I know there are people who sit on the mountain, in their throne, surrounded by the misty haze from “I Am Right and You Are All Idiots” land. Sometimes these people keep us employed in odd ways.
For example, I learned that an acquaintance of mine was hired to work on a software application already in use by a certain industry. It costs an extreme fortune to own and maintain this application. In a sudden move, the software company changed its mind. It’s scrapping the existing application, restructuring the company and planning an entirely new application that will take an estimated three years to build. It is intended to replace the existing one, which no one is permitted to work on anymore, other than to maintain it for existing customers.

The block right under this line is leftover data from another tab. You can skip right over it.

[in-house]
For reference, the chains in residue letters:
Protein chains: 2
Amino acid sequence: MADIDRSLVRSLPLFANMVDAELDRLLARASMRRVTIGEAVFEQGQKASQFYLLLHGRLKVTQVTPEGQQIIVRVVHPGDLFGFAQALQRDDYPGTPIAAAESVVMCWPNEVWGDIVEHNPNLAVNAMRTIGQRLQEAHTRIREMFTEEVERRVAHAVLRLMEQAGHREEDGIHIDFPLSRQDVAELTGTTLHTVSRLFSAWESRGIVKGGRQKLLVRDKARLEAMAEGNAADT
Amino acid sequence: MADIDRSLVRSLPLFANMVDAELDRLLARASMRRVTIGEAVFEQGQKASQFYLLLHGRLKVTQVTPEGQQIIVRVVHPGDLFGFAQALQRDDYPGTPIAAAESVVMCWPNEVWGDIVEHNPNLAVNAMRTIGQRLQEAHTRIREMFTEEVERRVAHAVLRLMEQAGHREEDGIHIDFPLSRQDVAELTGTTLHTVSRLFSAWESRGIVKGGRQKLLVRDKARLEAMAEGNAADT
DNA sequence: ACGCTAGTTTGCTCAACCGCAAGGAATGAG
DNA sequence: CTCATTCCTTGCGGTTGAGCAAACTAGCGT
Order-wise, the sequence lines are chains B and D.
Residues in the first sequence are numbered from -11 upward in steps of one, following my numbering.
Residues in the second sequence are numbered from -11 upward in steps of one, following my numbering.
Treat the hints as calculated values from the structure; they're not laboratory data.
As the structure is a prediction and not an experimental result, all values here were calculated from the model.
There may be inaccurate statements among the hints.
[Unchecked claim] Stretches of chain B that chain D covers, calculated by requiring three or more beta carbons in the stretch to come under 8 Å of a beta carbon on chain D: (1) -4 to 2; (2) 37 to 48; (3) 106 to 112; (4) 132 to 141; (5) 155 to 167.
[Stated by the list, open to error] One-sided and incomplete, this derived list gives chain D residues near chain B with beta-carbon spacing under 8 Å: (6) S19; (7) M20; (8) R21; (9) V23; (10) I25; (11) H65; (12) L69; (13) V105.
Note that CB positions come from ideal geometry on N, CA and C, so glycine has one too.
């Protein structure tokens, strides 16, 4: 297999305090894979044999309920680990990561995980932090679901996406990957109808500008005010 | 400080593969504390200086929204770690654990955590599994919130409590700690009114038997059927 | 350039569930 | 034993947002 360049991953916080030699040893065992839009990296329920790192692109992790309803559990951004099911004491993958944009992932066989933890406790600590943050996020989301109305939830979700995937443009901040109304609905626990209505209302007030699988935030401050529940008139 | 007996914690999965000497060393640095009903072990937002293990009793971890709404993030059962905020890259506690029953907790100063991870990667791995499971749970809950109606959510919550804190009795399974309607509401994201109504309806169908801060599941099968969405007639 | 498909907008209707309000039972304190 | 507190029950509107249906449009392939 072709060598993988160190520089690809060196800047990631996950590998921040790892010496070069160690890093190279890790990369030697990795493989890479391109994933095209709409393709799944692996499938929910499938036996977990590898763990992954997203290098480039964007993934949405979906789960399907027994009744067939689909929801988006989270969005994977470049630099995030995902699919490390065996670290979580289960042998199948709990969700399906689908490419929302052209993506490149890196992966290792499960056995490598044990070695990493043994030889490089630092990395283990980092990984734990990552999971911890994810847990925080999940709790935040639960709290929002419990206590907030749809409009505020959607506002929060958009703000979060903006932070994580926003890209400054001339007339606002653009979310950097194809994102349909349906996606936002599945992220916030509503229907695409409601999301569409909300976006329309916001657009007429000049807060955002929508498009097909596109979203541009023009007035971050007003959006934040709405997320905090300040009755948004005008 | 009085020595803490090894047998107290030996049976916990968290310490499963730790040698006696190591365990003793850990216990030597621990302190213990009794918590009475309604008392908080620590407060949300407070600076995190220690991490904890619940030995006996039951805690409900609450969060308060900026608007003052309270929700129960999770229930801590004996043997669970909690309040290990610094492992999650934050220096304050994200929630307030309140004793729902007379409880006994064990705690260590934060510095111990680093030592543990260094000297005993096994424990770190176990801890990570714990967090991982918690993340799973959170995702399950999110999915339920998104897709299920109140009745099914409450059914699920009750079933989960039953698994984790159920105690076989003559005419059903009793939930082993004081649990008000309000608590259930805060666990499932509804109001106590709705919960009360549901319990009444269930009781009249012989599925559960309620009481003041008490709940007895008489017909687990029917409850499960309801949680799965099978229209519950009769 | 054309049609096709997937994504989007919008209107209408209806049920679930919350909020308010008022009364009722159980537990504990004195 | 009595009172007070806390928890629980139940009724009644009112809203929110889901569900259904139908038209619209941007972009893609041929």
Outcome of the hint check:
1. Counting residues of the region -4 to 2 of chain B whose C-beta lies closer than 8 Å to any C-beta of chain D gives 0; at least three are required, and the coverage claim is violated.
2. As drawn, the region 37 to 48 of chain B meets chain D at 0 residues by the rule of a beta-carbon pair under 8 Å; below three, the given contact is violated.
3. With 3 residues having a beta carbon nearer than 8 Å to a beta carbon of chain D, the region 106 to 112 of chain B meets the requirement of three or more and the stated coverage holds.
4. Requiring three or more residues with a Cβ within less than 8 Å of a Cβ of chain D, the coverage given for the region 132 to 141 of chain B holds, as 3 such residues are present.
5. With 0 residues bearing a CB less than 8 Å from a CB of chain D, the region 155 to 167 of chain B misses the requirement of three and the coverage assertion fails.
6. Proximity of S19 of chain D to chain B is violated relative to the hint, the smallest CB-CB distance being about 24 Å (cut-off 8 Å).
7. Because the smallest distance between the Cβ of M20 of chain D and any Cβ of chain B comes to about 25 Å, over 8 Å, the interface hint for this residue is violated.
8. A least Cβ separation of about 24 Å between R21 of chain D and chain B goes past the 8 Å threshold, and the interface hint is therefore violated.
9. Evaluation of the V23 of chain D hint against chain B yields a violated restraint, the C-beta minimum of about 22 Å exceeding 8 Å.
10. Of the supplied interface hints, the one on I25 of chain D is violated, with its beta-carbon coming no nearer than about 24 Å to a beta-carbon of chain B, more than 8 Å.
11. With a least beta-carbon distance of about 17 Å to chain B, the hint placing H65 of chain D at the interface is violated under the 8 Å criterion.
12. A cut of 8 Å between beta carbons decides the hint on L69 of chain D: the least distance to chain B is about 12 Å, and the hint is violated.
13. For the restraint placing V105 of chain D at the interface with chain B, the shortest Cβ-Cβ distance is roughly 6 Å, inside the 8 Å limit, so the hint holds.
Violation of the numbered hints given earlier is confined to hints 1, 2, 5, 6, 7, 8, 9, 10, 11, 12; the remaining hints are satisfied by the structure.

Many of us have worked for schizophrenic companies and ridden the roller coaster. One of the reasons for the crazy ride is the end user. Every time they think they know who that is, and the platforms they like the most, something new comes along and it’s Groundhog day again.
This particular company has no usability department, does no user testing and has no usability requirements documentation for their application.
Are we marketing and development for the right people?
What Comes First? The End User or the Cool Thing?
I view Digg as more like shooting paint balls into a field of obstacles with people ducking and screaming and trying not to get hit. If you manage to hit someone at Digg, a few things might happen. They want revenge. They will cut you down in gang-like fashion out of boredom and because it’s fun to do that. They may like you. They may join your side and call in the army to see your cool thing.